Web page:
Lesson Plan:

Do You Know Your Rights?

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September 18, 2015
by Sanayya Sohail

Learning Objectives

Students will learn the amendments listed in the Bill of Rights.


Introduction (10 minutes)

  • Ask your students if they know what the word right means.
  • Explain that a right is something that is given and cannot be taken away.
  • Ask your students about some rights that they have.
  • List the rights that they say on the board.
  • Make sure that they are stating rights, not privileges, which are special rights given to only some people.

Explicit Instruction/Teacher Modeling (30 minutes)

  • Pass the Bill of Rights worksheet to your students.
  • Go over the amendments with the students, and instruct them to take notes.
  • As you go over each amendment, explain them more in detail.
  • Teach your students that the First Amendment grants people the right to choose their own religion and lets them speak freely, unless someone is offended and conducts a lawsuit.
  • Explain that the Second Amendment grants people the right to own weapons, but different states have different laws.
  • Note that the Third Amendment states that people don't have to keep soldiers in their houses, explaining that in the past, civilians were forced to do this.
  • Tell your students that the Fourth Amendment states that people can't be arrested without a warrant, or proof of an order from the court.
  • Inform your students that the Fifth Amendment states that people do not have to go through a court trial without a jury. Explain to your students that a jury is a group of people who don't know anything about the case and have sworn to decide based on the evidence and proof they see. Tell your students that if the jury decides that a person is not guilty, then they will not have to through another trial for that crime.
  • Explain that the Sixth Amendment states that a person has the right to know his crime, to see the people who are speaking against him, and have a lawyer to defend him.
  • The Seventh Amendment states that people can demand a jury trial even if they get in a fight with another person over a legal issue such as a business deal.
  • Teach your students that the Eight Amendment states that the government cannot give people an unfair punishment or fine to pay for their crime. For example, the court cannot order a person to stay in prison for 5 years for stealing 20 dollars.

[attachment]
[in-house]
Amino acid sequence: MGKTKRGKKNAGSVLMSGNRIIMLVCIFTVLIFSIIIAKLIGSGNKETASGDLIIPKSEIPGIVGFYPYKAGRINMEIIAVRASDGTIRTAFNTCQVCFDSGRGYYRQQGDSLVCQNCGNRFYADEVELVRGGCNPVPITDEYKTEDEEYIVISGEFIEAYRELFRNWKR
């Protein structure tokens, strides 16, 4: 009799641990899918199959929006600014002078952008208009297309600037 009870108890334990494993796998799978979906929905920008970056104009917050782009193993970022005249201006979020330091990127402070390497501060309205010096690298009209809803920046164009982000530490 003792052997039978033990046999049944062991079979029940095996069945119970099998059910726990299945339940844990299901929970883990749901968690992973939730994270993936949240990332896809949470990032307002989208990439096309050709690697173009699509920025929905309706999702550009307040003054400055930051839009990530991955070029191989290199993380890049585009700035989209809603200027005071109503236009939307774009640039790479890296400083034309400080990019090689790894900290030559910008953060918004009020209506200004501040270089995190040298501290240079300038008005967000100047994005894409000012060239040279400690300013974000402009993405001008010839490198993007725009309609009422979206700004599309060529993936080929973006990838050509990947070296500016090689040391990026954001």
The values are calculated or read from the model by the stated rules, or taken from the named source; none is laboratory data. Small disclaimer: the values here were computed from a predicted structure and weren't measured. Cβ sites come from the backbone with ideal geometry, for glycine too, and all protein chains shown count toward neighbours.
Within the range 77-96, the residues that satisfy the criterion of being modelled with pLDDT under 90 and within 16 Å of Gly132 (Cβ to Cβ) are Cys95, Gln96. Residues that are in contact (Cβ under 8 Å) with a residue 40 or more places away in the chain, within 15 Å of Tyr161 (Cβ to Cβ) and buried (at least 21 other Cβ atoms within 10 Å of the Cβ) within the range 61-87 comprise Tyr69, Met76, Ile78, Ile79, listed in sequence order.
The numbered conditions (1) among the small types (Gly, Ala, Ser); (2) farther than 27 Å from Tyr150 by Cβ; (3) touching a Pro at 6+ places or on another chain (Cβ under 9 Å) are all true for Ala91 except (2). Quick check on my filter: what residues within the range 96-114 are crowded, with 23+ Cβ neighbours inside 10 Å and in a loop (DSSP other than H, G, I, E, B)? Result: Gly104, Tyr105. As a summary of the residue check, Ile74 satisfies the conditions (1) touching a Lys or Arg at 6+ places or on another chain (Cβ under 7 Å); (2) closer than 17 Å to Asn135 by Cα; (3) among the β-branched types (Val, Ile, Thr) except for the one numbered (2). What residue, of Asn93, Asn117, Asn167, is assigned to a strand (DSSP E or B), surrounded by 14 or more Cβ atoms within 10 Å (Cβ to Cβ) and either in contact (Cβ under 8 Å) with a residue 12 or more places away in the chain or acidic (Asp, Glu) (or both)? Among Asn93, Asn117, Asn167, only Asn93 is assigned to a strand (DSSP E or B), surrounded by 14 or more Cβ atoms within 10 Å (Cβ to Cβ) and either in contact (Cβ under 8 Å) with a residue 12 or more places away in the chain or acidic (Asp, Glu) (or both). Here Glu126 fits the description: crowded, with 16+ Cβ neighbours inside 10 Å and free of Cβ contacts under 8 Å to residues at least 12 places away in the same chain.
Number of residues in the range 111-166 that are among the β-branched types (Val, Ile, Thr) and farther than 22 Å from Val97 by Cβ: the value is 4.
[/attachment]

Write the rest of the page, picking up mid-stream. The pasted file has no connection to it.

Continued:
• Explain that the Ninth Amendment states that people have certain rights that are not listed in the Constitution. Give your students the example of a right to privacy.
  • Tell your students that the Tenth Amendment states that any power that doesn't belong to the federal government belongs to the state. Explain to your students that there are some laws that all United States citizens have to follow and some laws that only citizens of a certain state have to follow.

Guided Practice/Interactive Modeling (20 minutes)

  • Ask your students to complete the Bill of Rights worksheet.

Independent Working Time (30 minutes)

  • Ask your students to pick one amendment from the Bill of Rights.
  • Direct them to write and explain the amendment in one paragraph.
  • Then, instruct your students to write and explain two problems that would arise if the country didn't have that amendment in the second and third paragraphs.



  • Enrichment: Ask your students to write 5 rights that they wish they had in school. Instruct them to explain in two or three sentences why each right is important to have.
  • Support: Give each student 10 index cards. Ask your students to use their Bill of Rights worksheet to write an amendment on each index card. Ask your students to write examples for each amendment on the back of the card. Tell your students to use their notes.


Assessment (10 minutes)

  • Ask your students to complete The First Ten Amendments worksheet.

Review and Closing (15 minutes)

  • Have your students present the essays that they wrote for independent practice.

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